BACKGROUND: The electrocardiogram (ECG) patterns during pacing from the great cardiac vein (GCV) and the middle cardiac vein (MCV) are not well known. METHODS: We recorded 12-lead ECGs during GCV and MCV pacing in 26 patients undergoing implantation of a cardiac resynchronization device. The left ventricular (LV) lead was passed down the GCV (n = 19) or MCV (n = 7) prior to moving it to a lateral or posterolateral vein for permanent implantation. RESULTS AND CONCLUSIONS: Pacing within the GCV resulted in a left bundle branch block (LBBB) morphology with no or minimal R-wave in V(1) in 14 patients and a right bundle branch block (RBBB) pattern (R > S in lead V(1)) in four patients...
November 2007: Pacing and Clinical Electrophysiology: PACE
Julia H Indik
No abstract text is available yet for this article.
August 2007: American Journal of Medicine
M C Reade
The first part of this two-part review discussed the indications for various types of epicardial pacing systems and an overview of the routine care of a pacemaker-dependent patient. Dual chamber temporary pulse generators now feature many of the refinements developed initially for use in permanent pacemakers. Few of these are utilised in the immediate postoperative period, often solely due to lack of familiarity with all but basic functions. The second part of the review deals with the selection of pacing modes...
April 2007: Anaesthesia
Irene H Stevenson, Harry G Mond
Pacemaker diagnostics can be useful to troubleshoot both during life and after death. A 58-year old man with a single chamber ventricular pacemaker and a previous His bundle ablation died suddenly. Interrogation of his pacemaker revealed the cause of death not as pacemaker malfunction, but a fatal ventricular arrhythmia.
June 2006: Pacing and Clinical Electrophysiology: PACE
Fadi Mansour, Mario Talajic, Bernard Thibault, Paul Khairy
No abstract text is available yet for this article.
May 2006: Heart Rhythm: the Official Journal of the Heart Rhythm Society
Juan M Aranda, Gregory W Woo, Richard S Schofield, Eileen M Handberg, James A Hill, Anne B Curtis, Samuel F Sears, J Sean Goff, Daniel F Pauly, Jamie B Conti
Cardiac resynchronization therapy (CRT) is an established adjunctive treatment for patients with systolic heart failure (HF) and ventricular dyssynchrony. The majority of recipients respond to CRT with improvements in quality of life, New York Heart Association functional class, 6-min walk test, and ventricular function. Management of HF after CRT may include up-titration of neurohormonal blockade and an exercise prescription through cardiac rehabilitation to further improve and sustain clinical outcomes. Diagnostic data provided by the CRT device may help to facilitate and optimize treatment...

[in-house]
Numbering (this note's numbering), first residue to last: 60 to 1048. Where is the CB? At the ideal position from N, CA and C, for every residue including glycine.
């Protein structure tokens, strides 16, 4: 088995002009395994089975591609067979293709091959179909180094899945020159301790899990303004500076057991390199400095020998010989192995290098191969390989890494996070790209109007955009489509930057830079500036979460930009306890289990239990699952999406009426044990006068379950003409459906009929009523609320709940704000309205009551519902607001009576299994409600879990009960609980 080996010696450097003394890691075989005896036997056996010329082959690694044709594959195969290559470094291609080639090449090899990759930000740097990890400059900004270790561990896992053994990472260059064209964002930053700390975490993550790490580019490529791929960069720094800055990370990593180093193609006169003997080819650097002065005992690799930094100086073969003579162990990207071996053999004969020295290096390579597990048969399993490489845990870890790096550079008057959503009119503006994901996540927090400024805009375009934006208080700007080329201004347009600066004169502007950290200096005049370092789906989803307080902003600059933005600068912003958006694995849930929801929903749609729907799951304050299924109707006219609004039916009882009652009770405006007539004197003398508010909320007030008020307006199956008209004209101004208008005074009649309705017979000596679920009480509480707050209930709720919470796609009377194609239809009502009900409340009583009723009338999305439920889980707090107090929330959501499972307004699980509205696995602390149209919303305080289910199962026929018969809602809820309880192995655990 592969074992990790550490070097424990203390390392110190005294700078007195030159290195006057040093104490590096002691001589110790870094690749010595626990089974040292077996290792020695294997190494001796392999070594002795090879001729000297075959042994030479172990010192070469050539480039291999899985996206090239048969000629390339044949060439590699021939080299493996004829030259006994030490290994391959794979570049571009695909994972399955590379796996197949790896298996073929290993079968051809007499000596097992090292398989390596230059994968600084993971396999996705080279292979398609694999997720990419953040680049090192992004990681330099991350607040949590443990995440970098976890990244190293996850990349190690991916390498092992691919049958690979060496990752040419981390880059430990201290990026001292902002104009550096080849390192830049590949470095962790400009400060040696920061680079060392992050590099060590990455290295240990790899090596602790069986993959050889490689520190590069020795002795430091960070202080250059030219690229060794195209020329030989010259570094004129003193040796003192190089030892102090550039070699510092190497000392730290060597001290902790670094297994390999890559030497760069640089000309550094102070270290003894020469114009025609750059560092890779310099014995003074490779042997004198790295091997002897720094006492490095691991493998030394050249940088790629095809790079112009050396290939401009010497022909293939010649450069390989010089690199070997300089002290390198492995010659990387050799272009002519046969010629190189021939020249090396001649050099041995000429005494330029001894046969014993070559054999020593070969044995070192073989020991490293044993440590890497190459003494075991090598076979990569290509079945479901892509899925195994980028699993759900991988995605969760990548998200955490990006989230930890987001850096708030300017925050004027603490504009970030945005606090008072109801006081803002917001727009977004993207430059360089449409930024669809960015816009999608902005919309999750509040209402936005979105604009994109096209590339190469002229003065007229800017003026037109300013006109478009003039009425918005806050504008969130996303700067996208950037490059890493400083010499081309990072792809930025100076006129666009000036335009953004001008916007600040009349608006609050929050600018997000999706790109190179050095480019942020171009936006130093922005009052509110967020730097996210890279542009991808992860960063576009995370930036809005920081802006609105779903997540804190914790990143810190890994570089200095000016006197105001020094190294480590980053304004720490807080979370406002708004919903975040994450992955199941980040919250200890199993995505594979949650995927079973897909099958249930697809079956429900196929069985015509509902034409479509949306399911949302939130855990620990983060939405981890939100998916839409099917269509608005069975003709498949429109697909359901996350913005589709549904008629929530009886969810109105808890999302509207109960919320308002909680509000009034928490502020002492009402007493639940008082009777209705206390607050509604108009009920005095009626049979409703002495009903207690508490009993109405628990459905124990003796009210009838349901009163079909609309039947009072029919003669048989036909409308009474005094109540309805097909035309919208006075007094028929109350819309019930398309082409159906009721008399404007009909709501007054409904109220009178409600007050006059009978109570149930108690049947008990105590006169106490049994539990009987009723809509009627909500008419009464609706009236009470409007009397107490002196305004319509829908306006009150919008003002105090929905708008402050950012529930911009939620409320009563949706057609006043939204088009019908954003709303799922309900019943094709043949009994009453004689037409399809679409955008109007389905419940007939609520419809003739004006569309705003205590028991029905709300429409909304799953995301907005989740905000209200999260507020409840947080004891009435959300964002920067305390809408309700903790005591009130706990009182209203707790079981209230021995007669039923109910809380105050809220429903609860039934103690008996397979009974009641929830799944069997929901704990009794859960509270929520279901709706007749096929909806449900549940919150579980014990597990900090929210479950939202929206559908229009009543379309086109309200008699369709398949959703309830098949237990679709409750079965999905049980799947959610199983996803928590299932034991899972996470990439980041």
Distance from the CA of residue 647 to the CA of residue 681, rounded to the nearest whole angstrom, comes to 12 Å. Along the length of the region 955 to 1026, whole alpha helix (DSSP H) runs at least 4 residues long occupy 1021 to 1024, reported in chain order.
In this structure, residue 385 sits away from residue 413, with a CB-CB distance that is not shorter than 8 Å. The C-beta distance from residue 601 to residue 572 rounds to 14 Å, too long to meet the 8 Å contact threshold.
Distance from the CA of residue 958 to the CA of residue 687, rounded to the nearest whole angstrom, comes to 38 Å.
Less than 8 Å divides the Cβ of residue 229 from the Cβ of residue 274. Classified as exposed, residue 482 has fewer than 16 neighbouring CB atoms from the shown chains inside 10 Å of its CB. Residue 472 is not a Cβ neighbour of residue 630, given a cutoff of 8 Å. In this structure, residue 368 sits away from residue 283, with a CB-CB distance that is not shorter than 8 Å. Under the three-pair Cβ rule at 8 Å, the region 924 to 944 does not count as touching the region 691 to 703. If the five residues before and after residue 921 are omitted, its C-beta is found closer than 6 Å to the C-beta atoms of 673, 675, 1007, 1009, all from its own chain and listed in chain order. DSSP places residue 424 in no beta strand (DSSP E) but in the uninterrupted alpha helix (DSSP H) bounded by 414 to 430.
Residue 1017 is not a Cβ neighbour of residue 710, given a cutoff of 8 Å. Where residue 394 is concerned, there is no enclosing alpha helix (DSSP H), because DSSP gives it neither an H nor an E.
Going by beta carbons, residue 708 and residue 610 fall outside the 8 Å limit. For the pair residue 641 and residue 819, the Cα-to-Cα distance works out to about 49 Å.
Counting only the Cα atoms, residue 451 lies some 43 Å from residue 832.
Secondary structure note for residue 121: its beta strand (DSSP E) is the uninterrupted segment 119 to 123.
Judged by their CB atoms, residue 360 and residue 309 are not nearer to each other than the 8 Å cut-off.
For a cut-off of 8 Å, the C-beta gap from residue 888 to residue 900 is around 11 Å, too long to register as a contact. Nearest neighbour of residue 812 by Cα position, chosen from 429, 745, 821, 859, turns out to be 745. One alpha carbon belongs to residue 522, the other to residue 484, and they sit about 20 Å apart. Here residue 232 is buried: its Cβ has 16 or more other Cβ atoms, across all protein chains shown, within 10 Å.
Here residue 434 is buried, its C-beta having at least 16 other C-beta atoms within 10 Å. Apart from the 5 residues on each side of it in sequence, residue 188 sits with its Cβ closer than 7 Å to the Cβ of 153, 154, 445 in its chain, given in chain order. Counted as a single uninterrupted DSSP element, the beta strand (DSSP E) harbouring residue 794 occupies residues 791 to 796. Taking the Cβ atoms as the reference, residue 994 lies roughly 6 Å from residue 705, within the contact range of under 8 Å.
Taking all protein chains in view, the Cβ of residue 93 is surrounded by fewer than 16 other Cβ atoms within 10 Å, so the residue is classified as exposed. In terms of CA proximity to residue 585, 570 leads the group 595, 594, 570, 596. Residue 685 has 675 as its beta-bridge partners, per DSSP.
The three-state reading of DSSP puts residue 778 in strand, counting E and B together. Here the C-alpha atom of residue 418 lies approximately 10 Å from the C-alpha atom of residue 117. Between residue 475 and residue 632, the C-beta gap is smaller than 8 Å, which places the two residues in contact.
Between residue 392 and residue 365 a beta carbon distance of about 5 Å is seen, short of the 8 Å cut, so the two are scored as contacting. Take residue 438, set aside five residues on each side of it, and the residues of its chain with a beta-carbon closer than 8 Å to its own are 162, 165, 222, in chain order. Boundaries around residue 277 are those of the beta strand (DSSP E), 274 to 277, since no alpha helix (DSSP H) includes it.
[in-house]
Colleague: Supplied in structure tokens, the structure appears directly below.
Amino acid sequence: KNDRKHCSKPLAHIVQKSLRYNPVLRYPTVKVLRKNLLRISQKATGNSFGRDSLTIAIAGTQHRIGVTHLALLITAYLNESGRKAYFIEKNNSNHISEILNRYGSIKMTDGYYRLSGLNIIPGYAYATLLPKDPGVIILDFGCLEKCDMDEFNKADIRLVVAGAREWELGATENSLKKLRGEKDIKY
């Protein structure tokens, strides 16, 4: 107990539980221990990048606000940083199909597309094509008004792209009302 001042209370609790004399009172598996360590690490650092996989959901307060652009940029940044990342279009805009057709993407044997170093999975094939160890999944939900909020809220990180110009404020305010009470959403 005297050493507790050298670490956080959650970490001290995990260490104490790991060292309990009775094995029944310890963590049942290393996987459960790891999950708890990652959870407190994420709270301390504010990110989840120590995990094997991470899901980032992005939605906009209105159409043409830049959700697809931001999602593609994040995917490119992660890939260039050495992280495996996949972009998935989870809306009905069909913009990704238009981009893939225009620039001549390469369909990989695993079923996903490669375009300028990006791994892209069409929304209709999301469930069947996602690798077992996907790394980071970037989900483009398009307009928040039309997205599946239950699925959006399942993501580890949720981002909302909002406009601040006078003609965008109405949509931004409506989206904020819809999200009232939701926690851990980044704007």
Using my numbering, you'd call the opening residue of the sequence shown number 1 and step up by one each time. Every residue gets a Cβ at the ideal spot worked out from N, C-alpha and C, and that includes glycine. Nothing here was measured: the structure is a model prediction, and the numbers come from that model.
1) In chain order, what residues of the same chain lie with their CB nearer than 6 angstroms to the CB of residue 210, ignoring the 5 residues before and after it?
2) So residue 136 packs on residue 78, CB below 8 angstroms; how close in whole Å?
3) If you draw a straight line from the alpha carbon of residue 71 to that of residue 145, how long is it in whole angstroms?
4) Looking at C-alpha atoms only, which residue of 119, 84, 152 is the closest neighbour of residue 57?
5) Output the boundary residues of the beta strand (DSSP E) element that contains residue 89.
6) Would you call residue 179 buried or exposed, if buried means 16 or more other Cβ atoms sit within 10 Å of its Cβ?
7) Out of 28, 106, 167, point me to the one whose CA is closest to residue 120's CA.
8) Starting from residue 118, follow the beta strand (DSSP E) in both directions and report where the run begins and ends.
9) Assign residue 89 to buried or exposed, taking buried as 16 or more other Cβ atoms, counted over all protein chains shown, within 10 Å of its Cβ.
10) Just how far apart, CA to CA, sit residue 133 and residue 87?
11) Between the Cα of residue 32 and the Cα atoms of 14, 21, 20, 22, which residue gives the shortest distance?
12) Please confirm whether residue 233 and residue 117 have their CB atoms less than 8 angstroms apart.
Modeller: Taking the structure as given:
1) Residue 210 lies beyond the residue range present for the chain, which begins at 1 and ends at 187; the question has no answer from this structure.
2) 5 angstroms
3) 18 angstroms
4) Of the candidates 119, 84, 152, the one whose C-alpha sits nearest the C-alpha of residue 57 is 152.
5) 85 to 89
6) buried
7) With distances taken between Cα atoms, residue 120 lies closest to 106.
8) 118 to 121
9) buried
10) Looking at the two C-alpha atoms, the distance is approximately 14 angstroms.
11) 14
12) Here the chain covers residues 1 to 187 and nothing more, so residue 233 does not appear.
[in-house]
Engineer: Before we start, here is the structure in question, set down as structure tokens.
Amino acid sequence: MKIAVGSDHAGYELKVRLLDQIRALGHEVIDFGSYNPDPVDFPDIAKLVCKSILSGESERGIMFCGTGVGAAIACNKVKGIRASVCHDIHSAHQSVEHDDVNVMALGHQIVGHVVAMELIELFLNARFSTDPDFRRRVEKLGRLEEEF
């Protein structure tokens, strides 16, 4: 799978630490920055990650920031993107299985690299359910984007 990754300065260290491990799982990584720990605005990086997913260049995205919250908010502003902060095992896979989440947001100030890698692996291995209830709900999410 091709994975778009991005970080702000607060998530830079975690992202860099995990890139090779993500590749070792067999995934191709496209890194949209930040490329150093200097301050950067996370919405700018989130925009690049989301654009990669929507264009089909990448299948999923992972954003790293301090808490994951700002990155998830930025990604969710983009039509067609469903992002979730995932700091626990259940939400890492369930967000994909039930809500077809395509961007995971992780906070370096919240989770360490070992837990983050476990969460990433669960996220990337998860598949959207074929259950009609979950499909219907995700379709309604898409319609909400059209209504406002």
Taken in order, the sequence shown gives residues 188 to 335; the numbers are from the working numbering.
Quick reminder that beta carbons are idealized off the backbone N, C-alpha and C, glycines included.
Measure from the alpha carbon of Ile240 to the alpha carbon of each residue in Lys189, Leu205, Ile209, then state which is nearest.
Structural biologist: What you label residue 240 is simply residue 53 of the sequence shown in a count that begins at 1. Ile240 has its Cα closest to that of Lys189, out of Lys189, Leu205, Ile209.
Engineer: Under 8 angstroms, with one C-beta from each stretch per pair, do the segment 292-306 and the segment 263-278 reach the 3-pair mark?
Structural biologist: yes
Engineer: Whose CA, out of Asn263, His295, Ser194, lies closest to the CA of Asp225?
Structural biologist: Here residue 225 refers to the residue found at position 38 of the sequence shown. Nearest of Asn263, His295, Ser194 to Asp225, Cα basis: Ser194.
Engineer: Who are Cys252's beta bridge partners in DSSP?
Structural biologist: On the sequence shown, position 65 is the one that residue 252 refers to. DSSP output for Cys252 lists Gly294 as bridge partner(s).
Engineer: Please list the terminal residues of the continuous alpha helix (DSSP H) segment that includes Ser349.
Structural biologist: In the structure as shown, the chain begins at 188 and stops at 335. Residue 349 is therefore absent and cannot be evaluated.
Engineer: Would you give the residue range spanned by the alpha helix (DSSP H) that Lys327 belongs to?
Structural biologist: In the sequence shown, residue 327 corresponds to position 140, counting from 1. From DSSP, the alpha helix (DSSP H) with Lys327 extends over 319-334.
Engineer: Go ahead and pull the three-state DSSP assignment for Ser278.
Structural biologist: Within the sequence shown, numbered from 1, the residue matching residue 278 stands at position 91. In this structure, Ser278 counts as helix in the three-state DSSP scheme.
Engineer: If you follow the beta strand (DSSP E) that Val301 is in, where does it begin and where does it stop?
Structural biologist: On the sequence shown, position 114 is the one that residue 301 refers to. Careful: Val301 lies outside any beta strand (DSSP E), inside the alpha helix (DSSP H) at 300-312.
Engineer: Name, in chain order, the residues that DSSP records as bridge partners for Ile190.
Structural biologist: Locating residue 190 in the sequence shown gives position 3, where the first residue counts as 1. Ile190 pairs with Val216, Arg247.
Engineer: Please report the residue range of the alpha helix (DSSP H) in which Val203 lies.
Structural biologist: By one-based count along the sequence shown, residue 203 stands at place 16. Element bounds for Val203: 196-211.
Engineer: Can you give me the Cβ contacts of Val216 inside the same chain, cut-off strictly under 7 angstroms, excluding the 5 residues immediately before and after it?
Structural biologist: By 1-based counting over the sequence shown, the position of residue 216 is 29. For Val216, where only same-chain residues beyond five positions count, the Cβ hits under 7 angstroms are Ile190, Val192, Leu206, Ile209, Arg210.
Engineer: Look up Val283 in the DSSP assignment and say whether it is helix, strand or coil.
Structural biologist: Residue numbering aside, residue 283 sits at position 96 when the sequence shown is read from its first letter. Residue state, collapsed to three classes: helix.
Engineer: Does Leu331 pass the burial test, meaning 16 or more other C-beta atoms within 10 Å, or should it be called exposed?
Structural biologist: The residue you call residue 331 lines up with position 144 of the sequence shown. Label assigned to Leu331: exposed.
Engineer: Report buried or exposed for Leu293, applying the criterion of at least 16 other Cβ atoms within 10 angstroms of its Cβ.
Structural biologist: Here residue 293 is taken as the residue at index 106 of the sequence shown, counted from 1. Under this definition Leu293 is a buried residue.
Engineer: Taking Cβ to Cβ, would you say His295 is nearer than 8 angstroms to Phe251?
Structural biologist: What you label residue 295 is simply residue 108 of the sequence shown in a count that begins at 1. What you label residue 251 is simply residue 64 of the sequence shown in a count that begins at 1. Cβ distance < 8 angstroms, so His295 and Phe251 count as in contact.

December 20, 2005: Journal of the American College of Cardiology
Jennifer Woodruff, Liza A Prudente
There are currently more than 3 million patients worldwide with implanted pacemakers, and indications for implants are expanding. Pacemakers today are smaller (23-30 g) and fashioned in a more physiologic shape so as to be less obtrusive. They are replete with sophisticated diagnostic and programming features that make troubleshooting of complicated arrhythmias easier. Advanced nurse clinicians need to have a basic understanding of pacemaker function, indications for implantation, an awareness of potential complications, and facility with basic troubleshooting...
July 2005: Journal of Cardiovascular Nursing
Ray Nielsen
No abstract text is available yet for this article.
March 2004: Biomedical Instrumentation & Technology
David L Scher
PURPOSE OF REVIEW: The purpose of this review is to provide an update on stored diagnostic information furnished by new model pacemakers and implantable cardioverter-defibrillators (ICDs). This information provides crucial information about both device function and arrhythmias discovered with device interrogation and is invaluable when troubleshooting problems with devices. RECENT FINDINGS: The most recent generation of pacemakers and ICDs provides extensive diagnostic data regarding both device and lead function...
January 2004: Current Opinion in Cardiology
Enis Oguz, Ahmet Akyol, Ertan Okmen
This case report describes a patient with biventricular pacemaker in whom a far-field sensing of left atrial activity by the pacemaker's ventricular channel resulted in ventricular pacing inhibition. Placing of the left ventricular pacing electrode in the proximal part of the coronary sinus tributary resulted in this far-field sensing problem, which was resolved following decreasing the ventricular sensitivity. The authors suggest that the far-field sensing of the left atrial activity should be kept in mind for troubleshooting of an atrio-biventricular pacing system...
October 2002: Pacing and Clinical Electrophysiology: PACE
Logan Kanagaratnam, Stephen Pavia, Robert Schweikert, Nassir Marrouche, Cathy Lam, Miguel Abreu, Elizabeth Ching, Mina Chung, Walid Saliba, Mark Niebauer, Bruce Wilkoff, Patrick Tchou, Andrea Natale
Biventricular ICDs may offer increased benefit for patients with severe congestive heart failure and ventricular arrhythmia. Currently there are no approved dedicated biventricular ICDs available. Twenty-one consecutive patients who had approved nondedicated hardware implanted for biventricular pacing and defibrillation were included in this study. All device therapies were evaluated using stored electrograms. During mean follow-up at 13 +/- 7 months, 8 (36%) patients had inappropriate shocks. Ventricular fibrillation therapy was delivered for slow ventricular tachycardia because of double counting in two patients...
July 2002: Pacing and Clinical Electrophysiology: PACE